Whether or not it expedites Brian Murphy’s move to Portman Road (though why the Waterford man would want to be understudy to anyone, not least Richard Wright, at this stage of his career is moot) the real story is Irish Under-21 ‘keeper Shane Supple’s decision to tell professional soccer where to stick it.

As our football correspondent, Ipswich “nut” Matt Keane observes, Supple, who joined Town six years ago from Home Farm, “was the envy of lots of players of his age.” He helped the ‘Tractor Boys’ win the FA Youth Cup in 2005 and made 38 first-team appearances as well as enjoying successful loan stints at Oldham and Falkirk.

However, having signed a one-year deal in the summer, last week he dropped the bombshell that “deep down my heart is not in the game any more.” There was no one reason, he said, but “a number of factors… I did not go into work every day enjoying what I was doing so the time is right for me to walk away. I have fallen out of love with the game.”

As Matt says, the 22-year-old Dubliner “has always been regarded as a level headed and down to earth guy who shunned the limelight and had no interest in the artificial glamour and hype that is associated with the game today. Not for him, fast cars and the glittering lifestyle.”

Or as Supple put it: “All I wanted to do when I was younger was to play professional football, but as you grow up, you realise that there are other things in life and to be honest, the game is not what I thought it would be.”

On Sky Sports’ ‘Goals on Sunday’, guest Gary Speed remembered his time at Leeds and Newcastle and how his midfield partner David Batty was no lover of football: last in to and first out of the training ground every day.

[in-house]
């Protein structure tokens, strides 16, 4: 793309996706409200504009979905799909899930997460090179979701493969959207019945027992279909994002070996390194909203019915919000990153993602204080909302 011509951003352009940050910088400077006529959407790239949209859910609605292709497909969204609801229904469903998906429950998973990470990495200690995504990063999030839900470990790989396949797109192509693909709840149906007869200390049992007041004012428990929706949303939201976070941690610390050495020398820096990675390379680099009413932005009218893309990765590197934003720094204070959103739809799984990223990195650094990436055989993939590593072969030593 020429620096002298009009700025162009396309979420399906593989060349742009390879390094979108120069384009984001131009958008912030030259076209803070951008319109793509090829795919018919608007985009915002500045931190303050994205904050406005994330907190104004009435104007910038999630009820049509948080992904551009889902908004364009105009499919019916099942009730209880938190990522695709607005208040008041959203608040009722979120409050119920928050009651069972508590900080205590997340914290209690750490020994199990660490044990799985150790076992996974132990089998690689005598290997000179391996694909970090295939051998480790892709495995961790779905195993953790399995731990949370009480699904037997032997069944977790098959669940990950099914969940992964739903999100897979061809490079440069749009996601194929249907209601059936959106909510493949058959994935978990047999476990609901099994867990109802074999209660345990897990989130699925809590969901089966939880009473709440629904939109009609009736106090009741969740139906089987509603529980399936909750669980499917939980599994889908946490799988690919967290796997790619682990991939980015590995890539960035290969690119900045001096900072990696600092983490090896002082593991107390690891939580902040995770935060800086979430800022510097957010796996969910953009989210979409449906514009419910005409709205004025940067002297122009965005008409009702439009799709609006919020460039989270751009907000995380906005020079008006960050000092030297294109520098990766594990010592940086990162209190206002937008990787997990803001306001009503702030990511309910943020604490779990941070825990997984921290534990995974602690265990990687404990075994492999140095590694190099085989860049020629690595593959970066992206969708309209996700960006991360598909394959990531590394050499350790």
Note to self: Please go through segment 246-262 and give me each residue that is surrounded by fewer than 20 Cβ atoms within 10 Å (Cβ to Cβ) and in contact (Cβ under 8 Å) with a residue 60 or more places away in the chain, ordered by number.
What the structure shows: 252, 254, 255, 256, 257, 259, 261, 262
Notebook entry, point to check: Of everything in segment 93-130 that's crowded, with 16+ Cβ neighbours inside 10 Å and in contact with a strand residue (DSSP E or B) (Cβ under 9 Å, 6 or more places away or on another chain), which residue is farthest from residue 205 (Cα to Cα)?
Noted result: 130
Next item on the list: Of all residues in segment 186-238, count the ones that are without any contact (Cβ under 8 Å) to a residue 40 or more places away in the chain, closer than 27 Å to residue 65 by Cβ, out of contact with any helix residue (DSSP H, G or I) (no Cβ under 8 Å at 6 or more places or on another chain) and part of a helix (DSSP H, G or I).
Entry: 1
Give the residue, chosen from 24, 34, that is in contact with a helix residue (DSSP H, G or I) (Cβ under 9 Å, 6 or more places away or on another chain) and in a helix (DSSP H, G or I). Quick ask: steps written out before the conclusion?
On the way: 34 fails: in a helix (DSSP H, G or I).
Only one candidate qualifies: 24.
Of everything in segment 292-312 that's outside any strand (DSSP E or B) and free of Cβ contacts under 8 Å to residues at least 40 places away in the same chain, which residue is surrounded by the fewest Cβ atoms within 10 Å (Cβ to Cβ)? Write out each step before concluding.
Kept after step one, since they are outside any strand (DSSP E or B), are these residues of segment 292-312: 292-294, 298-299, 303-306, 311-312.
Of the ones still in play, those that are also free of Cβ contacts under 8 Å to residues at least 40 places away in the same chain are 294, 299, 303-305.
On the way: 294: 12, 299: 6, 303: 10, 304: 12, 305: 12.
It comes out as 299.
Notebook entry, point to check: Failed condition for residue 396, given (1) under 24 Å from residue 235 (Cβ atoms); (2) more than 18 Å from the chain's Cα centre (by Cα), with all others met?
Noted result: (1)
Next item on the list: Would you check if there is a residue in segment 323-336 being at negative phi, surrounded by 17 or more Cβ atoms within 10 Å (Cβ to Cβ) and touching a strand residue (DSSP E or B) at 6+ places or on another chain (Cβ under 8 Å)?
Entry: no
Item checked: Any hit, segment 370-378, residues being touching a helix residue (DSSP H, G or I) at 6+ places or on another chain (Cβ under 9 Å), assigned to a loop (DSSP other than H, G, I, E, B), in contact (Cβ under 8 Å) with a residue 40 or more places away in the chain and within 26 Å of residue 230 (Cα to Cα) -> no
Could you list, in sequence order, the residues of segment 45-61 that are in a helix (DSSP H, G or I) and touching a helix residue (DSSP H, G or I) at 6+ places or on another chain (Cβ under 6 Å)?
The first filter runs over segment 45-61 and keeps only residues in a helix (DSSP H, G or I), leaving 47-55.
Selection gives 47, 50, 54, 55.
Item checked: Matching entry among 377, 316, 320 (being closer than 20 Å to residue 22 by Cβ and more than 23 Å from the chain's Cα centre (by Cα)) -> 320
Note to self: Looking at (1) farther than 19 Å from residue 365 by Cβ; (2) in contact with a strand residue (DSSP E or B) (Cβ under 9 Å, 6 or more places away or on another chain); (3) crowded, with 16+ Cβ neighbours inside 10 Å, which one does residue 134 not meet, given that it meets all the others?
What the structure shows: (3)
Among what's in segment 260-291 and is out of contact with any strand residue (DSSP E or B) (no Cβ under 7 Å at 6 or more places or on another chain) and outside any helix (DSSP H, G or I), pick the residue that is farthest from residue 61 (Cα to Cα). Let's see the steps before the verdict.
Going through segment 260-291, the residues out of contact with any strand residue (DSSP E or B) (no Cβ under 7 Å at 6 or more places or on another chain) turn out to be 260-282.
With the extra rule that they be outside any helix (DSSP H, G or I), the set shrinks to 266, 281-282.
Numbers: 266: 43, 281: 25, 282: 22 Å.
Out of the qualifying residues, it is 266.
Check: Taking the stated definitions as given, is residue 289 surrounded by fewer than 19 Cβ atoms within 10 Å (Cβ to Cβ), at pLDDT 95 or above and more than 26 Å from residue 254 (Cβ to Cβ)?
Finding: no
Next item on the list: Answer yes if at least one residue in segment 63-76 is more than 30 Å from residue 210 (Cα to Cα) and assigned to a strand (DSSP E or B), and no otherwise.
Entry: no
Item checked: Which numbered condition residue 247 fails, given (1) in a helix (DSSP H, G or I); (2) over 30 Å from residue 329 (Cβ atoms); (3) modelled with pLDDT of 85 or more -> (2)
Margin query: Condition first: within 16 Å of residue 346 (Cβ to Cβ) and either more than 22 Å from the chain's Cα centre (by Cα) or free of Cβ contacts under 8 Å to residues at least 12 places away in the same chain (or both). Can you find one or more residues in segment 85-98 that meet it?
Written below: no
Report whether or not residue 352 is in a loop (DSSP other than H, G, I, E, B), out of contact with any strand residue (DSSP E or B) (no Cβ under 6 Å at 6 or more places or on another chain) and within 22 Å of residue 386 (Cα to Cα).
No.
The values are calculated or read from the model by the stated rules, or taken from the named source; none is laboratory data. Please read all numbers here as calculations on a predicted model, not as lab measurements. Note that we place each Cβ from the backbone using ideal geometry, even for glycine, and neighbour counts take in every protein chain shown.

Former Millwall and Ireland striker Richard Sadlier, now CEO at St Pat’s having been forced to retire in his mid-20s because of a chronic hip problem, wrote in his weekend ‘Sunday Independent’ column that he wouldn’t go back to playing even if he was given a five-year deal and an injury-free guarantee.

While it looks the dream job from the outside (well at least to those who like football, which isn’t everyone), what with the wages and lifestyle that go with it, I’m sure it’s like any occupation: occupied by plenty people you can’t stand.

Many among us aren’t motivated by money, never have been, never will be. As far as this country is concerned, the ‘Celtic Tiger’ distorted priorities. Like ex-‘fun and games’ minister John O’Donoghue, there was only one mode of transport people were interested in: the gravy train.

The best-paid jobs were, by definition then, the best, the most-rewarding money could buy. Soccer was the stand-out example.

Sick of saving everything but his sanity, Supple, however, has seen a broader picture (he’s considering university, at perhaps turning his hand to cooking). Whatever he does, it won’t involve rolling in mud or money, and mixing with lower league big-time Charlies.

His manager Roy Keane, not exactly pulling up trees in Suffolk so far, says: “I think it was brave of him to take such a huge decision. A lot of people go through life doing something they don’t necessarily want to do and he has been brave enough to stand up and say that football is not for him. He is a very intelligent boy.”


Keane, too, you reckon is someone who may well have wondered many’s the time if he was cut out for football, often appearing a hair’s-breadth from another head-wreck/moment of clarity.

You sense he might even envy Supple’s courage.